Pfizer’s Cancer Portfolio Expected to Rake in $8.3 Billion in 2019
Pfizer is a big company with a diverse portfolio, but it hasn’t really been noted for its presence in the oncology market. The majority of its successful drugs are in primary care and heart medicine, like Lipitor (atorvastatin) for cholesterol, Lyrica (pregabalin) for neuropathic pain and fibromyalgia, Zithromax (azithromycin), an antibiotic, and Viagra (sildenafil) for erectile dysfunction.
But now, Pfizer offers 17 drugs to treat cancer, with four approved in the U.S. in 2017. The oncology portfolio, according to EvaluatePharma, is projected to bring in $8.3 billion in sales in 2019. For the first time, cancer drugs are expected to sell more than the cardiac and primary-care medicines.
“At Pfizer, oncology is one of the core components of the organization—going from an almost afterthought,” Andy Schmeltz, global president of Pfizer Oncology, told the Wall Street Journal.
WSJ indicates that marketing executives in the biopharma industry like oncology because promoting these drugs to oncologists and hospitals takes a smaller sales force than to market cholesterol and hypertension drugs to primary care physicians. And according to EvaluatePharma, oncology drug sales are projected to hit $138 billion globally this year with an 11-percent growth rate in 2019. They’re fairly pricey drugs as well, with a typical cancer drug having a list price of $100,000.
Emma Walmsley, chief executive officer of GlaxoSmithKline, told WSJ, “The unmet need as well as the biological advances are still so significant that there’s a lot of room for a lot of people to be successful.”
And, of course, 2019 marked the acquisition of cancer specialist Celgene by Bristol-Myers Squibb for a whopping $74 billion. That combined company will have nine products with more than $1 billion in annual sales each. Its oncology pipeline for solid and hematologic tumors will be led by Opdivo, Revlimid, Pomalyst and Yervoy.
For years, there were four so-called “pillars” of oncology treatment. They were surgery, radiotherapy, chemotherapy, and targeted therapies, which recognize specific features on cancer cells. But over the last five years or so, a fifth pillar has been added, immuno-therapy or immuno-oncology. This includes PD-1 checkpoint inhibitors like Opdivo and Merck’s Keytruda, CTLA-4 checkpoint inhibitors like Yervoy, and others. It also includes CAR-T therapies like Novartis’ Kymriah (tisagenlecleucel) and Gilead/Kite’s Yescarta (axicabtagene ciloleucel).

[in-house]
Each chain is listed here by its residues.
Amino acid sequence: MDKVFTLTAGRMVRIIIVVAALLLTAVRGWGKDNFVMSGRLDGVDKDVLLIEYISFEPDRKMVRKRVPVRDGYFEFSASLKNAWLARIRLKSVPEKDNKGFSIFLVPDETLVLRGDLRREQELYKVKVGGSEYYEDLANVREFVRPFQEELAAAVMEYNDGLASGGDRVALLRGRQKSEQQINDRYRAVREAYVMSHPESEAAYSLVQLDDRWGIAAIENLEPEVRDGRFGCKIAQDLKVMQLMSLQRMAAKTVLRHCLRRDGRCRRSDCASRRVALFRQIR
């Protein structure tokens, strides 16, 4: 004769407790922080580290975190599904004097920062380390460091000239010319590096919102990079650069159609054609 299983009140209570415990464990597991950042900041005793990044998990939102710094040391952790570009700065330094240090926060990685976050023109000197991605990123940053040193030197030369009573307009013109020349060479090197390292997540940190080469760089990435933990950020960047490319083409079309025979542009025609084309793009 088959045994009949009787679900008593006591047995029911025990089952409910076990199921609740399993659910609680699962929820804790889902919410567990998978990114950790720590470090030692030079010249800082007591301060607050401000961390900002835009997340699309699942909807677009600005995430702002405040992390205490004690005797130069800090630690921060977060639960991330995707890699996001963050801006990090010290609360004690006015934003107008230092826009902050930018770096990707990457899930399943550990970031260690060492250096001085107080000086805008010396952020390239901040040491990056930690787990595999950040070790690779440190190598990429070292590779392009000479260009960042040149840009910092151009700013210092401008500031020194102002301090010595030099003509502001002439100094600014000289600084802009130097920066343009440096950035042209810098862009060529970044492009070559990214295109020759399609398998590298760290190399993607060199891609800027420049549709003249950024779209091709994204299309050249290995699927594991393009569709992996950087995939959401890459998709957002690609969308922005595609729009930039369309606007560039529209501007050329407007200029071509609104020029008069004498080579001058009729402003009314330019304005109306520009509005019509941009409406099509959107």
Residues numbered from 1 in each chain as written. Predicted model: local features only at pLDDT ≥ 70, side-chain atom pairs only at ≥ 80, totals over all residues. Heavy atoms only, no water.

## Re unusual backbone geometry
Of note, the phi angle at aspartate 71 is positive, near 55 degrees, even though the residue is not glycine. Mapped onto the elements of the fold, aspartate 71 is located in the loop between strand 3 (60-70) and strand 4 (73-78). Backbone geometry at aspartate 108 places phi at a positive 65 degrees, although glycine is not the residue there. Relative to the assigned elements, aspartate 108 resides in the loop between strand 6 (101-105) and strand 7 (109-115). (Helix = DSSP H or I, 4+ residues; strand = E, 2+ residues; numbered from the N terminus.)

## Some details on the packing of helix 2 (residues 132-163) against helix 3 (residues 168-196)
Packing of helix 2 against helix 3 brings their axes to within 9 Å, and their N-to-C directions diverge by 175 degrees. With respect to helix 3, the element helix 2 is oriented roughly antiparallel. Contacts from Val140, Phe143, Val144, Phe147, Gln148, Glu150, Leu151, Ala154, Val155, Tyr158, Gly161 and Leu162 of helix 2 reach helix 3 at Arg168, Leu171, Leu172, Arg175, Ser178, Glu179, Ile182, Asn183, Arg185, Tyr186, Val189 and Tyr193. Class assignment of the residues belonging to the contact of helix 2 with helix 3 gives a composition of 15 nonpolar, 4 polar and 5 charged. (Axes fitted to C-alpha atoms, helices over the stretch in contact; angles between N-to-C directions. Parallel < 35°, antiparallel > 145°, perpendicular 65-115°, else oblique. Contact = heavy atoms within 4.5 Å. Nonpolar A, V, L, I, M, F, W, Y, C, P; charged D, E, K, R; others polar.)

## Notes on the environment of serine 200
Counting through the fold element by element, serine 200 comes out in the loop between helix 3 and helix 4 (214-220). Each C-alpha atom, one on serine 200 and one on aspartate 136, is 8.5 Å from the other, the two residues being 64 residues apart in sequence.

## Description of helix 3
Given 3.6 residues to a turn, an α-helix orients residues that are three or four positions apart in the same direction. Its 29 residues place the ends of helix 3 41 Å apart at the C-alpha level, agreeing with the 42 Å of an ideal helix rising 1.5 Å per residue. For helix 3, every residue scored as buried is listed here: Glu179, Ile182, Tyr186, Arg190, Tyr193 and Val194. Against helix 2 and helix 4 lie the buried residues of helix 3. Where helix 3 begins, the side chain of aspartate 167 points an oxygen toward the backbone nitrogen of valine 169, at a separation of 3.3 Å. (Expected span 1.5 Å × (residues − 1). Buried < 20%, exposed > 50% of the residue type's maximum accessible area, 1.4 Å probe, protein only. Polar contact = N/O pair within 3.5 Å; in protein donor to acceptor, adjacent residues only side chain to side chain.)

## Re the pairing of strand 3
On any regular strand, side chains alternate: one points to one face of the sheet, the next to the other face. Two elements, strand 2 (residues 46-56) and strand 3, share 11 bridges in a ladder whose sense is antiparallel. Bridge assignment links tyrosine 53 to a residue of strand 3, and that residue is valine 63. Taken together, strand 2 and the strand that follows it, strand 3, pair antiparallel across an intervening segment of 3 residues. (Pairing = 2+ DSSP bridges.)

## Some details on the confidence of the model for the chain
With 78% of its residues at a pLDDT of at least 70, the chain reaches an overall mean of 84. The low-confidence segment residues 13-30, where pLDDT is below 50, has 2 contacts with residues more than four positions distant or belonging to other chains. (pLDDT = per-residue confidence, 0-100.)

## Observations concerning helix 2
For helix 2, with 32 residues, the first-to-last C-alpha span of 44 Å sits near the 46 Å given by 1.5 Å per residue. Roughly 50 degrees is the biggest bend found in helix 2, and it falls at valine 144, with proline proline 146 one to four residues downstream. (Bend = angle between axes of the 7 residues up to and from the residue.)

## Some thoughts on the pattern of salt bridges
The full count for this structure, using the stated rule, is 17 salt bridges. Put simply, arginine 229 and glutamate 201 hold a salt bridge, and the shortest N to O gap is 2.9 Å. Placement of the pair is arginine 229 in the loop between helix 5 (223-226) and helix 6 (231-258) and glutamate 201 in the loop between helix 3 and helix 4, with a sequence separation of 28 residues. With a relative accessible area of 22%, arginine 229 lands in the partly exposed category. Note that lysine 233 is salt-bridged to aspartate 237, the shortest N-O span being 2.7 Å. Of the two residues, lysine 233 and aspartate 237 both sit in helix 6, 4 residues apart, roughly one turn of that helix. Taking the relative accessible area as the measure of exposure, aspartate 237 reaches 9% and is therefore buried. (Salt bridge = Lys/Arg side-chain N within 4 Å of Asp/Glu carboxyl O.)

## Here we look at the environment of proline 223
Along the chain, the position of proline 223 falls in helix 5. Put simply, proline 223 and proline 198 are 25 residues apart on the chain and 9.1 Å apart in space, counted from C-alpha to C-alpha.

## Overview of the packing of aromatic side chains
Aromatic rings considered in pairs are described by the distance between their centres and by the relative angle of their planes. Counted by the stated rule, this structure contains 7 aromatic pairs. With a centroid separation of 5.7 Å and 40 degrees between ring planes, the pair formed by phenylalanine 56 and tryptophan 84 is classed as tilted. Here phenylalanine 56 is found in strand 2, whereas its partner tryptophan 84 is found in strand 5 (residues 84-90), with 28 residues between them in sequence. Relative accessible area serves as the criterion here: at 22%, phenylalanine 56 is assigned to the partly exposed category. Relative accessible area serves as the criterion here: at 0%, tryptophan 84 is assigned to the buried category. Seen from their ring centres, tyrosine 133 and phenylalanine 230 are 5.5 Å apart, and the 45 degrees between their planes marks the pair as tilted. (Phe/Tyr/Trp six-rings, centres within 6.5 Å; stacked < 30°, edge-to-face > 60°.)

The immuno-oncology global market alone is expected to pass $100 billion by 2022.
Pfizer began building its oncology capacity in 2008, partly to offset an oncoming patent cliff for some of its biggest non-cancer drugs. This led to the company hiring researchers like Mace Rothenberg, then with Vanderbilt University Medical Center and now the company’s chief medical officer.
Pfizer’s oncology focus is on breast, prostate and lung cancer. Its first cancer drug, Sutent, to be approved since 1970 received the thumbs-up in 2006. In 2011, the FDA approved its lung cancer drug Xalkori. Its top-selling cancer drug is Ibrance, which brought in almost $3 billion in the first nine months of 2018. Three of Pfizer’s 17 oncology drugs are biosimilars, which are essentially generic versions of biologics drugs.
Despite these successes, Pfizer has struggled in the new immuno-oncology arena. Its primary drug in this category is Bavencio, developed with Darmstadt, Germany’s Merck KGaA and approved in 2018 for two rare cancers, metastatic Merkel cell carcinoma (mMCC) and locally advanced or metastatic urothelial carcinoma (UC). It has failed in four late-stage trials for other cancers, however. Part of Pfizer’s strategy—like most companies in the oncology space—is to focus on combination therapies that use multiple drugs.